The CRA reviewed the Baytex companies’ arrangements and concluded that an additional $135 million was taxable income to BEL for 2003-2006, and that the Trust earned an additional $528 million of taxable income for 2007-2010.

Rectification/Rescission

The Baytex companies sought rectification of the agreements. The CRA did not oppose the rectification of the agreements for the pre-2007 period, but did oppose the rectification for the post-2006 period on the basis that the Baytex companies had intentionally amended the Original Agreement, based on professional advice, to reflect the practice of transfer and reimbursement, and thus the parties mistaken assumption about the tax consequences would not meet the test for rectification. The taxpayers argued that the evidence (which consisted of two affidavits of BEC’s Chief Financial Officer) established that the parties always intended to transfer and reimburse the Phantom Income and that no transfers would occur after January 1, 2007.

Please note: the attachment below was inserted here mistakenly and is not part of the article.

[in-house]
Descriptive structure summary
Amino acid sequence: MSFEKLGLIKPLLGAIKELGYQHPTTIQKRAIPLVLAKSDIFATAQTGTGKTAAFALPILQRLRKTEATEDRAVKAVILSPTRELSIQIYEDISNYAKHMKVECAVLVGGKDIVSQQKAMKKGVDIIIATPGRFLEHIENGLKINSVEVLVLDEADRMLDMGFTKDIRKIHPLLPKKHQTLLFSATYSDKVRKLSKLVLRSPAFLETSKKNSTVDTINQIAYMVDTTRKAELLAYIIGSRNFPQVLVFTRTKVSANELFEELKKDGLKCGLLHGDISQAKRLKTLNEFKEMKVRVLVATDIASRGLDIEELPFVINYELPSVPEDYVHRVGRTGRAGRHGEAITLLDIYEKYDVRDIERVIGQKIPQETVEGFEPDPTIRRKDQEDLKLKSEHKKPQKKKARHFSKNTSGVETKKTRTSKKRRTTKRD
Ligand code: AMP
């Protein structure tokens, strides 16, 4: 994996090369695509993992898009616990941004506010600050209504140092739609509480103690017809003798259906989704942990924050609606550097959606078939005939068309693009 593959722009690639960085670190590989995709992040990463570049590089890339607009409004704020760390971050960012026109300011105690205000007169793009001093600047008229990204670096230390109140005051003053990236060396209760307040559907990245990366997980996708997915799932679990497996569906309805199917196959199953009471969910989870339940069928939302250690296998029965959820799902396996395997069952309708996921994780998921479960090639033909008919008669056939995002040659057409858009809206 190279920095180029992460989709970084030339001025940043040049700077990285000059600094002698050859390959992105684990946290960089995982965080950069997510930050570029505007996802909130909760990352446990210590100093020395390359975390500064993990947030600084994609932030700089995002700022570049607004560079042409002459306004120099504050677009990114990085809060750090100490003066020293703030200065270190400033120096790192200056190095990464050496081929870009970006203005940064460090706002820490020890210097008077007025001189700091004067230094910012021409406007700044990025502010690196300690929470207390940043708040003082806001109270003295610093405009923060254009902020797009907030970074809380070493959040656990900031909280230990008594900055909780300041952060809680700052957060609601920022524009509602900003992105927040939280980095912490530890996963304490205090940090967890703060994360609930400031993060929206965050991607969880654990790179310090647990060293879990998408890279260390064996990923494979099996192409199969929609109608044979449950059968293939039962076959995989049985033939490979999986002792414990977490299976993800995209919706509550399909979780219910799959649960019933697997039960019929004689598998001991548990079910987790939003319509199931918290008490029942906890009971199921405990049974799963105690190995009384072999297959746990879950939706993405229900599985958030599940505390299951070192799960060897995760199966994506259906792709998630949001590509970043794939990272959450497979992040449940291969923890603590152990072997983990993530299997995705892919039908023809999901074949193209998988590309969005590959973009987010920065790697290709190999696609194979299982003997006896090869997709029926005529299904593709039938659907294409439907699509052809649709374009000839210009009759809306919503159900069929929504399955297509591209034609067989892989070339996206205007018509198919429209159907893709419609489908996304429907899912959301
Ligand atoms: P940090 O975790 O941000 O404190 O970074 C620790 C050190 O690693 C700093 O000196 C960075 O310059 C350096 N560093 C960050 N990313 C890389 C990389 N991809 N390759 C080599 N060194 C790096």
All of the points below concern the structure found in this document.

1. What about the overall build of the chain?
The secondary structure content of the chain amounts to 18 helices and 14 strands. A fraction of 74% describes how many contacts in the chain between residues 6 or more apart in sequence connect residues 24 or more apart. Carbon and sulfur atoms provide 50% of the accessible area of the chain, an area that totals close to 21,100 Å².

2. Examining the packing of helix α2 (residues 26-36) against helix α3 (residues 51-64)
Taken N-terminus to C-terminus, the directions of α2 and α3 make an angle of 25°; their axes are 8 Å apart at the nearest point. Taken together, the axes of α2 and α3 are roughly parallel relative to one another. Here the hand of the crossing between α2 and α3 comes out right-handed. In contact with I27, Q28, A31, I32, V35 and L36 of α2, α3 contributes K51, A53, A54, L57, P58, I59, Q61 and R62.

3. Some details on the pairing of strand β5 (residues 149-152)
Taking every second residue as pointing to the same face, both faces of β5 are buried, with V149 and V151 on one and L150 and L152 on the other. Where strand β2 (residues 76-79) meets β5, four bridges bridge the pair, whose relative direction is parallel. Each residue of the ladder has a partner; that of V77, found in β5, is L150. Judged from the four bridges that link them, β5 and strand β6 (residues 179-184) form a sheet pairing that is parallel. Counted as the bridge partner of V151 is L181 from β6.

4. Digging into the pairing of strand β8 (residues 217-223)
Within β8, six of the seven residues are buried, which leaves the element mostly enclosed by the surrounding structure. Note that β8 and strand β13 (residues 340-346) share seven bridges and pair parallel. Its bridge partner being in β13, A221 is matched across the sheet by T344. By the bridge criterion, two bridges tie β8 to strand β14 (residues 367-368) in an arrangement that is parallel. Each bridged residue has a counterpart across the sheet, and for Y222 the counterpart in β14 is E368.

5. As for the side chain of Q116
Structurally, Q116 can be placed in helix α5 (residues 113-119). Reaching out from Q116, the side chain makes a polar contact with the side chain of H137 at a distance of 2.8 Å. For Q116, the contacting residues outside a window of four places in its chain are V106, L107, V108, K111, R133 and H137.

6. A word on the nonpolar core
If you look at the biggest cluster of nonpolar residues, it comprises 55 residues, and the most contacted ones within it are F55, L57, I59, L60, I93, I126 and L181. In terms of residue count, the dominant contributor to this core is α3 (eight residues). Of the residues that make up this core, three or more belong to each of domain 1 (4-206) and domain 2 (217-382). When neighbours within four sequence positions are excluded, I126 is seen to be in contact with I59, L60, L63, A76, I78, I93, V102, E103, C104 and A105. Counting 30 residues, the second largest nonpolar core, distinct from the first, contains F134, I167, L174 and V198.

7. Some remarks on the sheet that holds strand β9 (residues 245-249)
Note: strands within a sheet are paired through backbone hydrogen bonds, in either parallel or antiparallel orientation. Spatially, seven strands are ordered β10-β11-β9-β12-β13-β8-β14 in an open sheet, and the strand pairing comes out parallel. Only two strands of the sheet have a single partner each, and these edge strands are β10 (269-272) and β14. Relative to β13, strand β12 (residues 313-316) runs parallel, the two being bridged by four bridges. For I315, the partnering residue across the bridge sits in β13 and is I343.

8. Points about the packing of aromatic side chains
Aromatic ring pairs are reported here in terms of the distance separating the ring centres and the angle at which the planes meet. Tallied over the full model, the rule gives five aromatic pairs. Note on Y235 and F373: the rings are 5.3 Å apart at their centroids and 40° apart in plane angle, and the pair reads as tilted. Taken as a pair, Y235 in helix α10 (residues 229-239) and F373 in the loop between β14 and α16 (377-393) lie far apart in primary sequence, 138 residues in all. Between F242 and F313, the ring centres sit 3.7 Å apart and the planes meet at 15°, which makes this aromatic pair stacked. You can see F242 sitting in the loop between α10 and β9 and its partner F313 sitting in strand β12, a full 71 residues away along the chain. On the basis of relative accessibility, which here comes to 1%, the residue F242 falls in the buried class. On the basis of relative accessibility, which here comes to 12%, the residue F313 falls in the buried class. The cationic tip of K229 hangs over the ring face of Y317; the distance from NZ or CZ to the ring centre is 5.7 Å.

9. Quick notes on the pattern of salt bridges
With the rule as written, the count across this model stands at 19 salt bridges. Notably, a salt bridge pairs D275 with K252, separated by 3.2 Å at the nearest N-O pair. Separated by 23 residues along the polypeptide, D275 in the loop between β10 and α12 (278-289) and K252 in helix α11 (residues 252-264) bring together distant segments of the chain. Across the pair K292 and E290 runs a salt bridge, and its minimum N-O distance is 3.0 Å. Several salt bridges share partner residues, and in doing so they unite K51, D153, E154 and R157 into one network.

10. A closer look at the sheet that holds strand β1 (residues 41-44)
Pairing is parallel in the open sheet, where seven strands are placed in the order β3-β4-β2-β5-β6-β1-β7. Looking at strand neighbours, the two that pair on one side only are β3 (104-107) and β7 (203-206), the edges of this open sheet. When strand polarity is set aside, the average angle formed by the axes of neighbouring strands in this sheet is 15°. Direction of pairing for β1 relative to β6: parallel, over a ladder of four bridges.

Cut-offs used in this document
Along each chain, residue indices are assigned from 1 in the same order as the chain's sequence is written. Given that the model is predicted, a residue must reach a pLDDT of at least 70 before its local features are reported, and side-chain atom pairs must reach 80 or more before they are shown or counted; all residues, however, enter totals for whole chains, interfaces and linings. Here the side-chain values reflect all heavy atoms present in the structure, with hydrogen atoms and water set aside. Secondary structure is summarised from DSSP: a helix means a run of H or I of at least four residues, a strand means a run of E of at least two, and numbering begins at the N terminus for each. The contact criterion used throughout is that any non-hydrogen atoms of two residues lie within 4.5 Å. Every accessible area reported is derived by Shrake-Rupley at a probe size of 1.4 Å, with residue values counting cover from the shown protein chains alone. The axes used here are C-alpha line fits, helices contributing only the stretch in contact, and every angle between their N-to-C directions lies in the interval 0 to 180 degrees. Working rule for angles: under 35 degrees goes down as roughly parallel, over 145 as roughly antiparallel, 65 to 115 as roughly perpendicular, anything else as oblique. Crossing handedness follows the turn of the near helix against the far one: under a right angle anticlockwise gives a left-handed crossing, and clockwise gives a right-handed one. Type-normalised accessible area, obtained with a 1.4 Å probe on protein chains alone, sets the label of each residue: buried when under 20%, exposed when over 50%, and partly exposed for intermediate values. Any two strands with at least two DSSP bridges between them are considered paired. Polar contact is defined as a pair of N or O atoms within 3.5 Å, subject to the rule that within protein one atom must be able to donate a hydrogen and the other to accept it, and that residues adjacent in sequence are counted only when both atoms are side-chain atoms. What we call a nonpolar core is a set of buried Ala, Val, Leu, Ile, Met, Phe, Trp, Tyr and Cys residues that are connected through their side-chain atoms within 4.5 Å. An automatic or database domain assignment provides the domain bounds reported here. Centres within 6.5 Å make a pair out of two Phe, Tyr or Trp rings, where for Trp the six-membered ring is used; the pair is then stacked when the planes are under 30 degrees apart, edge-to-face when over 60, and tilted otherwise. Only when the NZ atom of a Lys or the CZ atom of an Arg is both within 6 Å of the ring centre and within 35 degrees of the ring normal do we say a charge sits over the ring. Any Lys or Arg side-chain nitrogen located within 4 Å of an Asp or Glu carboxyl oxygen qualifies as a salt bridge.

The Court considered the authorities on rectification and concluded that the test for granting rectification had been met. The uncontroverted evidence was that the parties’ common intention was to transfer BEL’s income to the Trust, and that this practice would cease as of January 1, 2007. The Original Agreement and the Amended Agreement were inconsistent with this common intention. The precise form of the corrected agreement was not in dispute. And there were no other considerations that would limit/prevent the availability of rectification. Accordingly, the Court granted the rectification.